On the title page, once again Brian, asks us to extend our thinking. It is a breathtaking view of clouds in autumn at the close of a day. Trees with leaves turning colors rise above the white fence surrounding the garden. Evan's garden appears to be as it was in the beginning. We are close to Evan as he gazes to the right. Behind him is a large, large fruit (vegetable). Toward the bottom of the fence is the shadow of Evan's dog.
acrylics, oils, and colored pencils on Strathmore paper
each image is stunning, a beautiful study of light and shadow and shifting perspectives. The use of color plays heavily in supplying a mood and depicting emotions. Some of the pictures span two pages and others are loosely framed and grouped together on one or two pages. Brian may inset one visual into another. His use of white space will have you gasping. The picture of Evan leaning over his dog's bed will break your heart in two.
I want to address the point of view seen from illustration to illustration. We are drawn into the image of Evan leaning on his shovel, thoughtfully looking at his dog's resting place in the garden. The line of the shadow invites us. When Evan digs up everything in the garden, on the left he is carting armloads to a compost pile. On the right a spading fork is so close; it's as if we are standing next to it. On the day the vine comes beneath the fence the vine fills those two pages. We see the shadow of Evan's hoe. All we see of Evan are his garden boots with holes for his paws' claws.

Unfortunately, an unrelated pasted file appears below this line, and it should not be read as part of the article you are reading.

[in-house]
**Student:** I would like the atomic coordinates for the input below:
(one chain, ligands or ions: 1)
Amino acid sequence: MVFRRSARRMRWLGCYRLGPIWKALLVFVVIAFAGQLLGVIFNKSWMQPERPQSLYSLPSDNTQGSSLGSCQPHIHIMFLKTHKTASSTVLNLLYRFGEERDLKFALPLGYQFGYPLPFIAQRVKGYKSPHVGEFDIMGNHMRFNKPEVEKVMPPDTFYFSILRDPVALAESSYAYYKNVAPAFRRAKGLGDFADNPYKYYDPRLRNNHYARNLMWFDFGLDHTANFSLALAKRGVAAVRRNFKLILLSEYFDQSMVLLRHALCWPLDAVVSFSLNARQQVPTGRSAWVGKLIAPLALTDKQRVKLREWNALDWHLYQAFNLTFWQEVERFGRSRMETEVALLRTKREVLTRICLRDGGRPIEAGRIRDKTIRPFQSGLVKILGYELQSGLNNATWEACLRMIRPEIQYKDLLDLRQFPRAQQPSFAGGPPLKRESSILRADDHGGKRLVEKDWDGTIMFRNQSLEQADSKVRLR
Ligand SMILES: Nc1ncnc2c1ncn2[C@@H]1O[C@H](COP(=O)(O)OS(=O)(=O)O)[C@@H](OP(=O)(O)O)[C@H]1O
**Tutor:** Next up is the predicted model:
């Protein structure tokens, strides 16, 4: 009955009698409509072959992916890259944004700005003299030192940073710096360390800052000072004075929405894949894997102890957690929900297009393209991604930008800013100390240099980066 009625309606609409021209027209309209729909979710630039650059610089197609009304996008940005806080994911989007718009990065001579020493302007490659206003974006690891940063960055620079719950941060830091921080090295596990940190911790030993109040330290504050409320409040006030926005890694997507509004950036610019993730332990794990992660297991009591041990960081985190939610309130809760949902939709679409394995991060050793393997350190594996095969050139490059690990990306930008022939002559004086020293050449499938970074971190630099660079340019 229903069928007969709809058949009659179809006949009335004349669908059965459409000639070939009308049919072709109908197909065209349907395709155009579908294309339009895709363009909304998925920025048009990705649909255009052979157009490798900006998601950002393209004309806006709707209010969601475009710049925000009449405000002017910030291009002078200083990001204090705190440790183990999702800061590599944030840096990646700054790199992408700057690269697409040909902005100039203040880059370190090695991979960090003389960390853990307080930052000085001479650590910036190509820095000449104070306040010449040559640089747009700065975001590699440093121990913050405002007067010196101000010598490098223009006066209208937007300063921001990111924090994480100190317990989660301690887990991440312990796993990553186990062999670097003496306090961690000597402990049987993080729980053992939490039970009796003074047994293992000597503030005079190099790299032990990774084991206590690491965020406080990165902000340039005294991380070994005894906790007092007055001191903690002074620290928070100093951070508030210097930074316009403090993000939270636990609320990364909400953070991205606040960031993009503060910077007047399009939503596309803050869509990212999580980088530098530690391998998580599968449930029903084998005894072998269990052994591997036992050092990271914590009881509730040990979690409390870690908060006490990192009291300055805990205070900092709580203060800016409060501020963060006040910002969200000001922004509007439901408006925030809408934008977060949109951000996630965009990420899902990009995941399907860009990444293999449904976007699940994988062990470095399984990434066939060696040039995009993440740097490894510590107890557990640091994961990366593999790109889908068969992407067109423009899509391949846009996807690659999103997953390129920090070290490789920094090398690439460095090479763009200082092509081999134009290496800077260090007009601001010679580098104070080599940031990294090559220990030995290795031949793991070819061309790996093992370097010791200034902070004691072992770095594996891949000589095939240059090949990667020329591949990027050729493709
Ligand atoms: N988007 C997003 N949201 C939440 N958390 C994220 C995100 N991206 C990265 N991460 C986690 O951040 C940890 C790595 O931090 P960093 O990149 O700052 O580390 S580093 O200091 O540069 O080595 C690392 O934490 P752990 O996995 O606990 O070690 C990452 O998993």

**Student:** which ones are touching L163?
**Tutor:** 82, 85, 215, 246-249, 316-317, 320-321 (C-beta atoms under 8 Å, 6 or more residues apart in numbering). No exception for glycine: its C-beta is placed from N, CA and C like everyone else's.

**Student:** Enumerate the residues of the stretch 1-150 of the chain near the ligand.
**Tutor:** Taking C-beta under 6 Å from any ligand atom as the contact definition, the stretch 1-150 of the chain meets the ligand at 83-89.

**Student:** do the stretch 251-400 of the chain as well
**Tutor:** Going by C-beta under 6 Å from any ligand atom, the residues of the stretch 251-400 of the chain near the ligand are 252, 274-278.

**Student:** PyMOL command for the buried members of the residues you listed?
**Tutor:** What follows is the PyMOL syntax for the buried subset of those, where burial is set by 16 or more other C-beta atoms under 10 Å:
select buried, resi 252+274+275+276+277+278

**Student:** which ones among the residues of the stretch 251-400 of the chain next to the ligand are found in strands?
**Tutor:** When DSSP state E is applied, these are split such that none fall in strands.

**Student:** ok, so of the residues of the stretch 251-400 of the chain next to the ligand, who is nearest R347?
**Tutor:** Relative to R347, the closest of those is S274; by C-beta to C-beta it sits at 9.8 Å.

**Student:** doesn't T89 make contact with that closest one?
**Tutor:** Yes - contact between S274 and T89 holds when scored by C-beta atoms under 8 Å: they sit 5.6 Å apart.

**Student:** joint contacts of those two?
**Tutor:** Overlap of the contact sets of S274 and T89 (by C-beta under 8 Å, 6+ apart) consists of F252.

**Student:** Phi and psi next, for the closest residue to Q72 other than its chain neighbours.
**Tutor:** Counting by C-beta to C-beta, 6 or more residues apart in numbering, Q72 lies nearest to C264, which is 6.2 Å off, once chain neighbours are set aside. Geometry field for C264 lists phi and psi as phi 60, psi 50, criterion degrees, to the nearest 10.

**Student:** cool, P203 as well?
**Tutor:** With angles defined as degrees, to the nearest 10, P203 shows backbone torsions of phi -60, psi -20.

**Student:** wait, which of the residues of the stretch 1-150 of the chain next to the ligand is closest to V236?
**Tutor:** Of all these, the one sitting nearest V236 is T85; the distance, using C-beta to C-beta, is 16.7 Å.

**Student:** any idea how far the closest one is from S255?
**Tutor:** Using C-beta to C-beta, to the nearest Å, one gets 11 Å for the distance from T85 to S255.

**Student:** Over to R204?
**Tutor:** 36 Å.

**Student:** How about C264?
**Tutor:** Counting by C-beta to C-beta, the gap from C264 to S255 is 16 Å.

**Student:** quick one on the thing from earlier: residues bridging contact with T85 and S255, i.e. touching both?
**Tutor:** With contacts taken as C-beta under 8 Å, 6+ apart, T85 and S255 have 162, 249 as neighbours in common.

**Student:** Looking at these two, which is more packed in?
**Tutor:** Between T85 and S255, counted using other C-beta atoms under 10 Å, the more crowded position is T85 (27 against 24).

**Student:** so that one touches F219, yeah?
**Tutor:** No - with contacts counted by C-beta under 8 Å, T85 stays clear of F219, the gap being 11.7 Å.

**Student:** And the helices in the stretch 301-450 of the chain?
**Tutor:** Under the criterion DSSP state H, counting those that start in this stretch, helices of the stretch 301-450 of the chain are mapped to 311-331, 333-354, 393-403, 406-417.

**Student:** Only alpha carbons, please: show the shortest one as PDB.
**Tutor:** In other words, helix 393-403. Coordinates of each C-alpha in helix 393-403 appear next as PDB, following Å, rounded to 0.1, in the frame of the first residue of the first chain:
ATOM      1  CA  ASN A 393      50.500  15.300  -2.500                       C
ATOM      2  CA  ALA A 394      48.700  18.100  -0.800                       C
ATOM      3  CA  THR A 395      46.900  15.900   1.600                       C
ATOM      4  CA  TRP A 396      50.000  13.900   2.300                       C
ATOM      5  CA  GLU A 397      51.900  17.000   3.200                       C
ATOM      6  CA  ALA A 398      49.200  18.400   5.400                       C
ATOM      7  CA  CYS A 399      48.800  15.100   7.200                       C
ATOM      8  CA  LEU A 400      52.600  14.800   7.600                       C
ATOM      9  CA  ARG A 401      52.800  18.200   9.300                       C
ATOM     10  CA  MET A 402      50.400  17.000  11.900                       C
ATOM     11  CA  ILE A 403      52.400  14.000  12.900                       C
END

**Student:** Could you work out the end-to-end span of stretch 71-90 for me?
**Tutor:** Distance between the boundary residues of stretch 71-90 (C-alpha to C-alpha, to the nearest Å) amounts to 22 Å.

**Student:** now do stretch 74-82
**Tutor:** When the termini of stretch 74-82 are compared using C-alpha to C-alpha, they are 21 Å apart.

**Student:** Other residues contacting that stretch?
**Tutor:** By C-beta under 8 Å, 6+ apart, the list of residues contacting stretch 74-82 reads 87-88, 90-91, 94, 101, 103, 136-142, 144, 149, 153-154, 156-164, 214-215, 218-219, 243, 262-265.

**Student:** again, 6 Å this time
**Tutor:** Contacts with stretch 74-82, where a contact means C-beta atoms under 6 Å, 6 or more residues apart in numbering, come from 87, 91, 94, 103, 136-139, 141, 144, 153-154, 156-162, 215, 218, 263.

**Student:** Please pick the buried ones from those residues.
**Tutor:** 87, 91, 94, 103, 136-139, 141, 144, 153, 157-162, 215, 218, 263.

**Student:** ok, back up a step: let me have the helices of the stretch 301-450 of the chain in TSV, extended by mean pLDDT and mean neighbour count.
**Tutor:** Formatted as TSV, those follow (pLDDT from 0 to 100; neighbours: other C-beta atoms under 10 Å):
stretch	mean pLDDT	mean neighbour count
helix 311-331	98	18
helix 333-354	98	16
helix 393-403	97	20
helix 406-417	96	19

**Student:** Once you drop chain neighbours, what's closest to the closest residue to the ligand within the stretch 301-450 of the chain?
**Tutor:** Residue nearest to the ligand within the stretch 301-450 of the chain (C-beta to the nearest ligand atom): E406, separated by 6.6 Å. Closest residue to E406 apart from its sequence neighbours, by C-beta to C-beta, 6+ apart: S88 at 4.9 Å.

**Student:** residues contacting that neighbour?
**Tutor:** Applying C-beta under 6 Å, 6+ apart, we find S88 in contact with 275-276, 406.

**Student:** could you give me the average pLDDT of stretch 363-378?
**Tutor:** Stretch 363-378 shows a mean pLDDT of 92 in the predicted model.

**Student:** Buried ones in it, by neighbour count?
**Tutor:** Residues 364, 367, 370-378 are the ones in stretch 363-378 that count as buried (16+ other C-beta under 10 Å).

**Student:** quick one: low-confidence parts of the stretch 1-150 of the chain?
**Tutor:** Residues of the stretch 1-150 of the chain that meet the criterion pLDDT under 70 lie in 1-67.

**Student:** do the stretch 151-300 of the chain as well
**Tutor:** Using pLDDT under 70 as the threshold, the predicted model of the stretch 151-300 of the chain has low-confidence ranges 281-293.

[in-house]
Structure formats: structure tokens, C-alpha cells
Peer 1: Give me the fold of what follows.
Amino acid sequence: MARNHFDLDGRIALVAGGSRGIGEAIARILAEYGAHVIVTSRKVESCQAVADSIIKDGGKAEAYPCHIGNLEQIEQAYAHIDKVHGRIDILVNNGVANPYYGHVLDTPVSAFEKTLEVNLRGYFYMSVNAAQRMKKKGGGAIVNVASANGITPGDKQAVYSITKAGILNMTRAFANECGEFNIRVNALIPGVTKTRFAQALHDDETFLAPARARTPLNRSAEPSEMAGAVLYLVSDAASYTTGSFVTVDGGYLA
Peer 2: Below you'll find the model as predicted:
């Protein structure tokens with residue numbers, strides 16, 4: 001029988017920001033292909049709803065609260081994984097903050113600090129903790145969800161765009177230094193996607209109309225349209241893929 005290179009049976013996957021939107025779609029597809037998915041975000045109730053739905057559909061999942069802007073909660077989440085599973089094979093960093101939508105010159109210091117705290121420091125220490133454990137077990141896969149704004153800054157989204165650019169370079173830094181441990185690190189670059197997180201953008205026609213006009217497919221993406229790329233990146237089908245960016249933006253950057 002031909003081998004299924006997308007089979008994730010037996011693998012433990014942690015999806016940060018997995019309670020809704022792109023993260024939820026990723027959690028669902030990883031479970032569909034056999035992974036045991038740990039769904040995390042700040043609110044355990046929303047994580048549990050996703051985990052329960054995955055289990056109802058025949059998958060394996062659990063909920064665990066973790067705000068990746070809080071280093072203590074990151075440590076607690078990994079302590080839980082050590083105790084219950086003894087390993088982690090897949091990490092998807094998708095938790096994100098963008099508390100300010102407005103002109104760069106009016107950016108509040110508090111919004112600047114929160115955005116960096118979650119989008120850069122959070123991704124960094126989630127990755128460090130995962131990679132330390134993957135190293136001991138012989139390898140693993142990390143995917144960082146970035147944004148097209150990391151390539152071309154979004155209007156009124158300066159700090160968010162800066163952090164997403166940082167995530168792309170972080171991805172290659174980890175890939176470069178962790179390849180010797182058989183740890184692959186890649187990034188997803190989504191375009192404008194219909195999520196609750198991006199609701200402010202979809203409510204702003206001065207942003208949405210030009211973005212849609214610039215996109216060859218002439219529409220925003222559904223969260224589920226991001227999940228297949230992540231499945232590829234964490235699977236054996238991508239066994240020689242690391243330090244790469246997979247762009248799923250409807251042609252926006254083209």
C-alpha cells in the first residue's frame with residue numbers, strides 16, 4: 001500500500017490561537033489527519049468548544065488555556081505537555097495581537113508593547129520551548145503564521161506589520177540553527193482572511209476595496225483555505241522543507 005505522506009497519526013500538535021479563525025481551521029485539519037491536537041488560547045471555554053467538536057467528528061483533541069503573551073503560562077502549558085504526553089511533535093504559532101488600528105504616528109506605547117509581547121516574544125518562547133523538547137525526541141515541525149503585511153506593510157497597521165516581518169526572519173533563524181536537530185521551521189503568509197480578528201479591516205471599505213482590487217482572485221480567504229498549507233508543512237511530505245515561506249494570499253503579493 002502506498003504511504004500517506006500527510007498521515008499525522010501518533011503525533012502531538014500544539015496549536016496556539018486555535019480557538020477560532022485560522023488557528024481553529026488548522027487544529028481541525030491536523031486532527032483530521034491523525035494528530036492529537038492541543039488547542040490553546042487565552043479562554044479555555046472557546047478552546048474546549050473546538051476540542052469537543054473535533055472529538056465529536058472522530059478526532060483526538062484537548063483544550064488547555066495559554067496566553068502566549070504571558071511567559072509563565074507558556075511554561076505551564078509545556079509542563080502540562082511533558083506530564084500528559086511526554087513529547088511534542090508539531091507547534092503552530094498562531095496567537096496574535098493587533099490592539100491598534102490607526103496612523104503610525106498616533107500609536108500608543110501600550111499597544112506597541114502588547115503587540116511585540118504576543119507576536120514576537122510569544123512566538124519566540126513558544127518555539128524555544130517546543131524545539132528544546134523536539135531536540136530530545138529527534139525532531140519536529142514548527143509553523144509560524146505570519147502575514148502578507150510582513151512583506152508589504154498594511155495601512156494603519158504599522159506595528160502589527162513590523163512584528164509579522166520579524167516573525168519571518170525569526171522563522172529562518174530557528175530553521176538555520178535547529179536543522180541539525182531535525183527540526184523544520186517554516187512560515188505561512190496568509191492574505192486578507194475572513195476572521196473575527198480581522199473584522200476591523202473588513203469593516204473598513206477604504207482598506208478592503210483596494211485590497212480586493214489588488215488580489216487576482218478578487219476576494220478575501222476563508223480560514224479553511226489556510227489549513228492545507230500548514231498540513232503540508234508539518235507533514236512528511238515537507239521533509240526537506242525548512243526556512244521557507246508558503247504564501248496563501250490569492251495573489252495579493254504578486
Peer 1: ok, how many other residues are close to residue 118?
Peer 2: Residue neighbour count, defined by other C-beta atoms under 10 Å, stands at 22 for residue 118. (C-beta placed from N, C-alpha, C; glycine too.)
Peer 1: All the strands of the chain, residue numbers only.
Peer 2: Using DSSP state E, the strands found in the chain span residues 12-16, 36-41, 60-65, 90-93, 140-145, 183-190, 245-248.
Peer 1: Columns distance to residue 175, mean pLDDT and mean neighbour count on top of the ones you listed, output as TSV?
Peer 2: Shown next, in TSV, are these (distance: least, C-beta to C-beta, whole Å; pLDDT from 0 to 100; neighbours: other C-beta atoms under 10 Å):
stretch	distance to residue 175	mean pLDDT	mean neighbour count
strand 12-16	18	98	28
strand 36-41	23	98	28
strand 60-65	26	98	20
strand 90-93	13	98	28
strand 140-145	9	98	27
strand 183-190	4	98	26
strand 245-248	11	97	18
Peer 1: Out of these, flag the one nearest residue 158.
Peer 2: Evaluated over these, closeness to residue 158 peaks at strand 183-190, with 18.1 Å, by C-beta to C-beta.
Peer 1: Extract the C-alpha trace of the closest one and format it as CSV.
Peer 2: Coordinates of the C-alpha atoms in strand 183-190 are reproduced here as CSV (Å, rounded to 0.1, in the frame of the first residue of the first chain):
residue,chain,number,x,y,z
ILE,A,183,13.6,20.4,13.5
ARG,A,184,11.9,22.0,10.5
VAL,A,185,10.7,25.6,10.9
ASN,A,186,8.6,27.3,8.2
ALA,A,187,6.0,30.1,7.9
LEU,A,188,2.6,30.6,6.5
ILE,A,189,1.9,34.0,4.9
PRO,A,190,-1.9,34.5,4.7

One of my many, many favorite illustrations (I love all of them.) is of Evan at the fair. It is a two page picture. It is bird's eye view of an expanse of a certain kind of fruit gathered together. They are all huge. A pathway winds between them. Foxes of varying ages are walking on those paths. Evan is speaking with two other farmer or gardener friends leaning against these prime garden-grown specimens. It's when we know Evan is easing into a new normal. We can hear the murmured conversations and feel the crisp autumn air.
Once you read The Rough Patch written and illustrated by Brian Lies you will read it again and again and again. It allows us to understand how heartbreak can be healed. It is simply one of the best books on loss. I highly recommend it for your personal and professional collections for the excellence found in the text and illustrations.
To learn more about Brian Lies and his other work, please follow the link attached to his name to access his website. At the publisher's website you can view interior images. At The Horn Book Brian talks about this book. Brian visits author, reviewer and blogger Julie Danielson's Seven Impossible Things Before Breakfast to talk about his process art. Brian writes a guest post about The Rough Patch at 24 Carrot Writing.